AI and the American Public: Perceptions, Polls, and the Promise of Medicine

Category Artificial Intelligence

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The recent Reuters poll revealed that more than half of Americans see AI as a potential future threat. The concerns around AI are varying, from lack of understanding to potential negative impacts of its use. AI has a wide range of capabilities, from recommendation algorithms to modeling millions of proteins in the medical field. However, peoples' fear and distrust of AI comes partly from a lack of understanding it. The need for an accurate assessment of the technology and its implications for responsible use is essential.

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AI is the talk of the town these days. But despite the technology’s impressive accomplishments—or perhaps because of them—not all of that talk is positive. There was a New York Times tech columnist’s piece about his unsettling interaction with ChatGPT in February; an open letter calling for a moratorium on AI research in March; "godfather of AI" Geoffrey Hinton’s dramatic resignation from Google and warning about the dangers of AI; and just this week, OpenAI CEO Sam Altman’s testimony before Congress, in which he said his "worst fear is we cause significant harm to the world" and encouraged legislation around the technology (though he also argued that generative AI should be treated differently, which would be convenient for his company) .

The poll revealed that 78% of respondents believe AI has the potential to increase jobs, but only 25% thought it would be a net job creator.

It seems these warnings (along with all the other media circulating on the topic) have reached the American public loud and clear, and people don’t quite know what to think—but many are getting nervous. A poll carried out last week by Reuters revealed that more than half of Americans believe AI poses a threat to humanity’s future. The poll was conducted online between May 9 and May 15, with 4,415 adults participating, and the results were published yesterday .

The Reuters poll found a near even split between people who believe AI will make life better or worse.

More than two-thirds of respondents expressed concern about possible negative impacts of AI, while 61 percent believe it could be a threat to civilization. "It’s telling such a broad swatch of Americans worry about the negative effects of AI," said Landon Klein, director of US policy at the Future of Life Institute, the organization behind the previously mentioned open letter. "We view the current moment similar to the beginning of the nuclear era, and we have the benefit of public perception that is consistent with the need to take action .

Over one-fourth (27%) of the poll respondents are not sure if they trust AI-driven decisions — especially when it comes to healthcare.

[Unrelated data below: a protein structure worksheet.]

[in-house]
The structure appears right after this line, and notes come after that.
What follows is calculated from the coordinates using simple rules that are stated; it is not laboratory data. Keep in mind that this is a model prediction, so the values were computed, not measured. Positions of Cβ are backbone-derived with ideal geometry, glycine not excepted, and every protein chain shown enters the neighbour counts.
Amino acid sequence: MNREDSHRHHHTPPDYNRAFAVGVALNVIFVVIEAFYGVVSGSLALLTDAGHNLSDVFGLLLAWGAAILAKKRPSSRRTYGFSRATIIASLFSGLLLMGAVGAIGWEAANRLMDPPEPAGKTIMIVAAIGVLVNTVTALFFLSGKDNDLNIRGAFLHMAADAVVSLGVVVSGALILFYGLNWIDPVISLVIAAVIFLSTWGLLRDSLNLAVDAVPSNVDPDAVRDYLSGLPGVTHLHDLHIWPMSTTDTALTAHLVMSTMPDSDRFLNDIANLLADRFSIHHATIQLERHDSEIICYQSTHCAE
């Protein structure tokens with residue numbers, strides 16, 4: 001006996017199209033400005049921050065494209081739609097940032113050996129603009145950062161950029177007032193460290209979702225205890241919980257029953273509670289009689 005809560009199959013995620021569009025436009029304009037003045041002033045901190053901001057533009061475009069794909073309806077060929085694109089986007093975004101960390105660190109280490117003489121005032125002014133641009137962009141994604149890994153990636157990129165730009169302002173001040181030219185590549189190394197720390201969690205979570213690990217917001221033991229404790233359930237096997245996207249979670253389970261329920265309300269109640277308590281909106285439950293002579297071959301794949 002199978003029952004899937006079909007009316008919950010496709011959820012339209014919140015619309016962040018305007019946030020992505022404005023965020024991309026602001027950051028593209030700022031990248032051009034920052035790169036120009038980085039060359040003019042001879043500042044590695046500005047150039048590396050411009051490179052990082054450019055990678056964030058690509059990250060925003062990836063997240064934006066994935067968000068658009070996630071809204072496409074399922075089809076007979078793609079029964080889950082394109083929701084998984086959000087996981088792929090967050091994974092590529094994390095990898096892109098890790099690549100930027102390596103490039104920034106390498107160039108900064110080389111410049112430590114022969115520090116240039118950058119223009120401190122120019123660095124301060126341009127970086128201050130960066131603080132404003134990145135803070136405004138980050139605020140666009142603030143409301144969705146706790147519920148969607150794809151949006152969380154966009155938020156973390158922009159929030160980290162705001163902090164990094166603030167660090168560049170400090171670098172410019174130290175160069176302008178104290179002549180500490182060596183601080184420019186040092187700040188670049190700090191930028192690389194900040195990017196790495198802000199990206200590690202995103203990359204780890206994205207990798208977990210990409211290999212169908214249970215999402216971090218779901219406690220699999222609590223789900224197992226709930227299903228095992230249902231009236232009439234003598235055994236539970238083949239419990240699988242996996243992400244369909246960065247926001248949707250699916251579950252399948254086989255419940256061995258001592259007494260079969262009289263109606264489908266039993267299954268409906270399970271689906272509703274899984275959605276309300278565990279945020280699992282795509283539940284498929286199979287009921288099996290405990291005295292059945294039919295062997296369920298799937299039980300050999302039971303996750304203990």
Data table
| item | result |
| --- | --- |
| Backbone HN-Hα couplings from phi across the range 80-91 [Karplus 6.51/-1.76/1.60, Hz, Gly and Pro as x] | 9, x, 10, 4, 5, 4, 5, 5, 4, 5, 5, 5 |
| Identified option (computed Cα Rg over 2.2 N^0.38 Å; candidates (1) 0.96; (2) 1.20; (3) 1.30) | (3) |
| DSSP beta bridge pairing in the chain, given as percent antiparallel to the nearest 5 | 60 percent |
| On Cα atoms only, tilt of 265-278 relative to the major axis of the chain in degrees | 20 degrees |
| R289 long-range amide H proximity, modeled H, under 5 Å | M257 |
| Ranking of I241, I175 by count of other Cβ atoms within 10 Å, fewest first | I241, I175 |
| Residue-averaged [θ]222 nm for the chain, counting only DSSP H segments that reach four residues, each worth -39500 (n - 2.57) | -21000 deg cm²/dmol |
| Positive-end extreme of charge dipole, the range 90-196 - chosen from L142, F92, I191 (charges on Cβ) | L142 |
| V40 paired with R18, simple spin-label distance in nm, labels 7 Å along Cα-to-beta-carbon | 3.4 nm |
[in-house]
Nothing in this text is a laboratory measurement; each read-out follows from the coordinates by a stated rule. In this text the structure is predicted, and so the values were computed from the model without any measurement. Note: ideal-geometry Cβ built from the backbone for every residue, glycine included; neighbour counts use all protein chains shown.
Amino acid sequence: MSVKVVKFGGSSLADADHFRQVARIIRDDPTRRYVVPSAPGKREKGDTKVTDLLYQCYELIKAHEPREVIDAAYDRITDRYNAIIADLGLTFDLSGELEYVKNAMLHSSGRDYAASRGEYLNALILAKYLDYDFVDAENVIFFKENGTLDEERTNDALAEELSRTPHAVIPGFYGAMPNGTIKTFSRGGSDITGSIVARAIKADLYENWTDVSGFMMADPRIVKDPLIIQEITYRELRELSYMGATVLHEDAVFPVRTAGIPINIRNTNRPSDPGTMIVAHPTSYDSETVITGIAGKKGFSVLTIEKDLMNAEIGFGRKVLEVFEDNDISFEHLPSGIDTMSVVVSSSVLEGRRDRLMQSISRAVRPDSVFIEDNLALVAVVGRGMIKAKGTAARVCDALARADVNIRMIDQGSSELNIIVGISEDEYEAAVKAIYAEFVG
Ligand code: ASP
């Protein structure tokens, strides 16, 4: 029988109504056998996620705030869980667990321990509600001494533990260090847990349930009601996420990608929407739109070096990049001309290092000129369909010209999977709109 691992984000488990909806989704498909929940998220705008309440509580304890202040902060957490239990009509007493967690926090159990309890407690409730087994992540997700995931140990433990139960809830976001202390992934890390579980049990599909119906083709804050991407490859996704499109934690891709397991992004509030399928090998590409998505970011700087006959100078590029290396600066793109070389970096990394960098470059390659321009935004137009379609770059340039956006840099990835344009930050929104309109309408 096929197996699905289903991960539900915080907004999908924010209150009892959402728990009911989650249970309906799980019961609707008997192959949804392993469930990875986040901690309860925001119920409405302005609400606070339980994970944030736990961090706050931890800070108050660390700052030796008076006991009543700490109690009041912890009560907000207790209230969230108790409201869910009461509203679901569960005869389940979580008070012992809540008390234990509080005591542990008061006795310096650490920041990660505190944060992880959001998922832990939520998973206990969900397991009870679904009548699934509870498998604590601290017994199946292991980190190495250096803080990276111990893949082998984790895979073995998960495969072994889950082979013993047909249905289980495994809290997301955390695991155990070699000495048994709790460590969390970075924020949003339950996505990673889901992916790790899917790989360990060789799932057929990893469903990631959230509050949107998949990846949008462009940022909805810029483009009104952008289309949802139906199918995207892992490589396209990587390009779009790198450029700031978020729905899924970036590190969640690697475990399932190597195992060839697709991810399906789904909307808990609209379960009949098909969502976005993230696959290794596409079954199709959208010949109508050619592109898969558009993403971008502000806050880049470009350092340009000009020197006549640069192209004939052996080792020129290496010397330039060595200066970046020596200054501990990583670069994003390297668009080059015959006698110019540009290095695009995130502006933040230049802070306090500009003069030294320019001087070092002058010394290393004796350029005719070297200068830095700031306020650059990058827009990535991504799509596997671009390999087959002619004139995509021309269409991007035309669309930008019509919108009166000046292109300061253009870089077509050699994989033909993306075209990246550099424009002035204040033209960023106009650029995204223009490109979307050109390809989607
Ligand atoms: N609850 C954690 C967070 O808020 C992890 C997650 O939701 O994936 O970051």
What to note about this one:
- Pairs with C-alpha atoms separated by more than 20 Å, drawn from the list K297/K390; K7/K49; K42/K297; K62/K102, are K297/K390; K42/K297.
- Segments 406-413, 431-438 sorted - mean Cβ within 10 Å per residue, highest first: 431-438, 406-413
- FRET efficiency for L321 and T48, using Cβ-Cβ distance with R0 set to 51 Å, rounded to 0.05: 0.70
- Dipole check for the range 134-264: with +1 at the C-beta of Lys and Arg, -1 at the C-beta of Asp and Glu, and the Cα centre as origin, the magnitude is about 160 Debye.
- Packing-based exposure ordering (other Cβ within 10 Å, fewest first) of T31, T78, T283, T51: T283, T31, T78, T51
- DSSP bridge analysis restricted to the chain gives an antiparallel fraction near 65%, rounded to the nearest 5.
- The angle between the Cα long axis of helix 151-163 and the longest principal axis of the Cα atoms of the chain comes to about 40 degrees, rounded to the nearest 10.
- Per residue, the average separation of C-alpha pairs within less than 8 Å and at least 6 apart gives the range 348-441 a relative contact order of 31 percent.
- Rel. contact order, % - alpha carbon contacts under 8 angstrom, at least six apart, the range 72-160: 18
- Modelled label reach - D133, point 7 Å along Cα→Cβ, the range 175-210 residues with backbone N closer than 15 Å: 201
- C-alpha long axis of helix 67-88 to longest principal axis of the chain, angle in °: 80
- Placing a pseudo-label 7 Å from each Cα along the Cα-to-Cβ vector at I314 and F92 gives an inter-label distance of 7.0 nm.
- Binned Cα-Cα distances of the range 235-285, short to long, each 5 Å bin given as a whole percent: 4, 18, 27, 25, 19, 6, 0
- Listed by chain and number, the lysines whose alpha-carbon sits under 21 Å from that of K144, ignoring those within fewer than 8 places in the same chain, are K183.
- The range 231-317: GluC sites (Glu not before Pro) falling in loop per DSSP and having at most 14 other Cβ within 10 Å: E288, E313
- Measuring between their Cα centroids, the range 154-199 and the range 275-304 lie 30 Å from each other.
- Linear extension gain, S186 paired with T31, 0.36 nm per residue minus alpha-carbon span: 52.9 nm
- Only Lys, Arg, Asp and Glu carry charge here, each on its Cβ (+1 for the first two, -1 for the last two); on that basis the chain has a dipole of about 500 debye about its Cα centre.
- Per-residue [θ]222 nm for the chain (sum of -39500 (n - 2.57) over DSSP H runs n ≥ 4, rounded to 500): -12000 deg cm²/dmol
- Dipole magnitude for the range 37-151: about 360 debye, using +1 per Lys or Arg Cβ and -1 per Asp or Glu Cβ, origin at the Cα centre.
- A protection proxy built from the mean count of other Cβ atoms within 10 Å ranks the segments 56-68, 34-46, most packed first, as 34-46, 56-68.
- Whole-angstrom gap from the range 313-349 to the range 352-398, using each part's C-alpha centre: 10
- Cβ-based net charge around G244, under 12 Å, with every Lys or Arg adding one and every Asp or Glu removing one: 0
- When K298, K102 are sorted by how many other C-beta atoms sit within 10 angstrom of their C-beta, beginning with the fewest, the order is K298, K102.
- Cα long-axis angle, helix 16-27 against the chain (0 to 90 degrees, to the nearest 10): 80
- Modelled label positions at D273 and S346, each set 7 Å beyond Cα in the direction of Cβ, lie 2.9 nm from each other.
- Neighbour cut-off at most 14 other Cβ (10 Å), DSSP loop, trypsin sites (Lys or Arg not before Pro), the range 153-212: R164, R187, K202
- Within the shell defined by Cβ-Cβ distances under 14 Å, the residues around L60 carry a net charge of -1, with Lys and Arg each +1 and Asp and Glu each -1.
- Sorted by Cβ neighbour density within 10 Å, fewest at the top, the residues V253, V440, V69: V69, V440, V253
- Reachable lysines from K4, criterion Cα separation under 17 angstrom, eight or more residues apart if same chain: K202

"One nebulous aspect of the poll, and of many of the headlines about AI we see on a daily basis, is how the technology is defined. What are we referring to when we say "AI"? The term encompasses everything from recommendation algorithms that serve up content on YouTube and Netflix, to large language models like ChatGPT, to models that can design incredibly complex protein architectures, to the Siri assistant built into many iPhones .

AI is already used in the medical field to assist doctors in making diagnoses and with other processes.

IBM’s definition is simple: "a field which combines computer science and robust datasets to enable problem-solving." Google, meanwhile, defines it as "a set of technologies that enable computers to perform a variety of advanced functions, including the ability to see, understand and translate spoken and written language, analyze data, make recommendations, and more."It could be that peoples’ fear and distrust of AI comes partly from a lack of understanding of it, and a stronger focus on unsettling examples than positive ones .

About half of the poll respondents believe AI should be designed and regulated by the government.

The AI that can design complex proteins may help scientists discover stronger vaccines and other drugs, and could do so on a vastly accelerated timeline. In fact, biotechnology and medicine are two fields for which AI holds enormous promise, be it by modeling millions of proteins, coming up with artificial enzymes, powering brain implants that help disabled people communicate, or helping diagnose conditions like Alzheimer’s .

In order to foster a trustful relationship with AI, it is important to emphasize transparency and safety.

Seba Alvarado, a cognitive engineer, described the current pulse around AI as a "moral panic," noting that concerns and fears may be outstripping actual progress. Having an accurate assessment of the technology and its implications is important, because when it comes to regulation, people’s perception matters in policy decisions. Though, of course, it is not the only factor that matters. Overall, AI's promises in the right settings and environments can be extraordinary, particularly in healthcare .

Therefore its importance can not be understated and it's important to promote open and transparent conversations about the responsible use of AI in the coming years.

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